I am so angry I can barely contain myself. Newt Gingrich, who mercilessly pursued the impeachment of Bill Clinton for getting it on with an intern just admitted that he was having an extramarital affair at the very same time! Un-f***ing-believable! All this total BS about restoring "honor and dignity" to the White House!? I guarantee you all 100% that if he had come clean at the time, Clinton would never have been impeached. Never. All this phony sh*t about Monica, Monica, Monica (note: I censor the words just to prevent them from being blocked by some of your machines - I think they're appropriate for political discourse, particularly now).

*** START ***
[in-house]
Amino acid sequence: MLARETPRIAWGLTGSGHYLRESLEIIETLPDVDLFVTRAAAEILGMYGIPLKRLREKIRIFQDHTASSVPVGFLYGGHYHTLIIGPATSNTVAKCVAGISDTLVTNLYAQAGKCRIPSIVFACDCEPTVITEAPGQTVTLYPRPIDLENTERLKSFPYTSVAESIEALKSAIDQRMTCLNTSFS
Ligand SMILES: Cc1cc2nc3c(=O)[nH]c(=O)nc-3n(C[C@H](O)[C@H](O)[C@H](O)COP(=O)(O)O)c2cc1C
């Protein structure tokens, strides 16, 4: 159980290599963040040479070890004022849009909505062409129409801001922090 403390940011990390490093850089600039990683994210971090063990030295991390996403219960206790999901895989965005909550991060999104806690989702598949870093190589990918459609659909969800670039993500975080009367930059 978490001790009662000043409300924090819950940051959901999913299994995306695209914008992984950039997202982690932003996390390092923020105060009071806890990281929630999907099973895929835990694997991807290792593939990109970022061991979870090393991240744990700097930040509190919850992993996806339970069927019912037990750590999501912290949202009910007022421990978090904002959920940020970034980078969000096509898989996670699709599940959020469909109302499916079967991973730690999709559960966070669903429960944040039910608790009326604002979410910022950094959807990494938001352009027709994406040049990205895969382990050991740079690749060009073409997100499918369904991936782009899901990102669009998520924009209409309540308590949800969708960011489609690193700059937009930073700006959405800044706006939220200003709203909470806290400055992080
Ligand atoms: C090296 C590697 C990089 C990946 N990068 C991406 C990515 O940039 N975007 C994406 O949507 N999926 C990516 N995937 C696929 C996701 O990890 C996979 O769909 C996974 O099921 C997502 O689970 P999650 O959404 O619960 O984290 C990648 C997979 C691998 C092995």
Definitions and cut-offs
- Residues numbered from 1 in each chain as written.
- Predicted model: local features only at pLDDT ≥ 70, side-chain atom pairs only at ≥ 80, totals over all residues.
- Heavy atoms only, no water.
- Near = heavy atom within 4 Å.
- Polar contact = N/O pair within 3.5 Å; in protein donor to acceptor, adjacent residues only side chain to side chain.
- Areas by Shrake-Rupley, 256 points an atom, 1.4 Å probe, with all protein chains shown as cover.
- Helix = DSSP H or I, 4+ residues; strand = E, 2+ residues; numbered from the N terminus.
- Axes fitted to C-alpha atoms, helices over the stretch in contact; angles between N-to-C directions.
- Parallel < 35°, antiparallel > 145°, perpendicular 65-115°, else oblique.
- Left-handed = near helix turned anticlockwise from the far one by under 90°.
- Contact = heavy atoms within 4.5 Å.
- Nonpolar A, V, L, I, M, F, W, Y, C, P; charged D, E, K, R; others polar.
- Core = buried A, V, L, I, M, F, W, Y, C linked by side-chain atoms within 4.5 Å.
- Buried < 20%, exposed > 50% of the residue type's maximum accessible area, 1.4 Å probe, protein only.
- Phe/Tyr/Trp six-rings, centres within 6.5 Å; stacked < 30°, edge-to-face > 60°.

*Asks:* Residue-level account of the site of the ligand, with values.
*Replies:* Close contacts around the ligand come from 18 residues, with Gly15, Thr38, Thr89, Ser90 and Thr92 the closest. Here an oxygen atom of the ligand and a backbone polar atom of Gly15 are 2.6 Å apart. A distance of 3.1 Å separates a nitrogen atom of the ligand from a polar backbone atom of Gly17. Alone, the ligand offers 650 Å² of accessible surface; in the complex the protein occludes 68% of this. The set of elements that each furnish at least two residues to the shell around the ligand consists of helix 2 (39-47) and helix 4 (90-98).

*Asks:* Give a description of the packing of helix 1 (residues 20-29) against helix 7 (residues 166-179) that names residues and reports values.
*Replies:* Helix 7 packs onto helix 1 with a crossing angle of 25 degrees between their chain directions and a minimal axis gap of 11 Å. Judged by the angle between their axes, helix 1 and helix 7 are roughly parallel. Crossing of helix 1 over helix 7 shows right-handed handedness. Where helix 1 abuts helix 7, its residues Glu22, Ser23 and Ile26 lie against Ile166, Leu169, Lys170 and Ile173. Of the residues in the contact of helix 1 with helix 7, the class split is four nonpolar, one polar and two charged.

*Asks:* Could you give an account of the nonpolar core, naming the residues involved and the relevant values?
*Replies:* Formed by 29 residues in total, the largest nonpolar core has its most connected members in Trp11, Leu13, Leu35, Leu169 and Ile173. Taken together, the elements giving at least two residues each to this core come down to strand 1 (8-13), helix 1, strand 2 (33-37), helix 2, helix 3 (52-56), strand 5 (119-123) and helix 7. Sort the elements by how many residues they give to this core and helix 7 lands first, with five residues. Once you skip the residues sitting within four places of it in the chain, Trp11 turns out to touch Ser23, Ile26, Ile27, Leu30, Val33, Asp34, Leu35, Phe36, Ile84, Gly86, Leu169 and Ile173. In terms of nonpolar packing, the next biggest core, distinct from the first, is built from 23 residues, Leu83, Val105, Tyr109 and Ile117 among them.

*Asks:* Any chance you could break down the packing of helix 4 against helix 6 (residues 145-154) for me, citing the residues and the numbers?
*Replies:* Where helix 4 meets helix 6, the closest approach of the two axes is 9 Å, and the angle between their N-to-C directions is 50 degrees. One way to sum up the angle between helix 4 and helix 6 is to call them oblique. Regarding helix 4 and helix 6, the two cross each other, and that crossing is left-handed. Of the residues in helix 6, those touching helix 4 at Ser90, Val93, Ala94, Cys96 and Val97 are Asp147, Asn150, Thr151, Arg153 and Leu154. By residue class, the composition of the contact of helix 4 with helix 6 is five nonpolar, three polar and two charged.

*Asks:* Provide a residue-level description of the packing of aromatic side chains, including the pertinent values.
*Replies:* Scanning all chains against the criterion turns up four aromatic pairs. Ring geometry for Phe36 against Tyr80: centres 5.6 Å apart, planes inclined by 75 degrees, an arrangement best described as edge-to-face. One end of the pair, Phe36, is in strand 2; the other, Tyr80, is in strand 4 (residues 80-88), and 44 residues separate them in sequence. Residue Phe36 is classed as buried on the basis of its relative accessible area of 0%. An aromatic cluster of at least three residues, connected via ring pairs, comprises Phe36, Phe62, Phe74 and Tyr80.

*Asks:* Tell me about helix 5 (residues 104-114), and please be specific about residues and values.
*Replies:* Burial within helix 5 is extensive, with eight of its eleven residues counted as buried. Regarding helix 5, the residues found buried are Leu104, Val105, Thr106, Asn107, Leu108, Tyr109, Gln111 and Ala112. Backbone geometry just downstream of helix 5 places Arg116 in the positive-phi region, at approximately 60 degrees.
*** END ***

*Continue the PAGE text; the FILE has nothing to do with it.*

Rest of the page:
And I thought the religious right were just self-righteous sex-obsessed puritanical assholes. Hypocrites too. Damn! Hang him!


Good Good Good

Democrats seek 2008 Iraq troop withdrawal

This is not some extreme liberal introducing this. This is the Senate leadership agreeing on something (if you haven't been following closely, the House is split between blue dogs and liberals over what to do). Of course, it probably won't pass and will definitely be vetoed, but it's still worth it. Go to the article and read the details.

Are we really going to get out of Iraq? Really?


When Perjury Matters

Lewis "Scooter" Libby, senior aide to VP Cheney, was convicted this week of perjury and obstruction of justice. Unlike Clinton, who was accused of such things in trying to cover up a tawdry affair that was nobody's business anyway, this was a serious matter.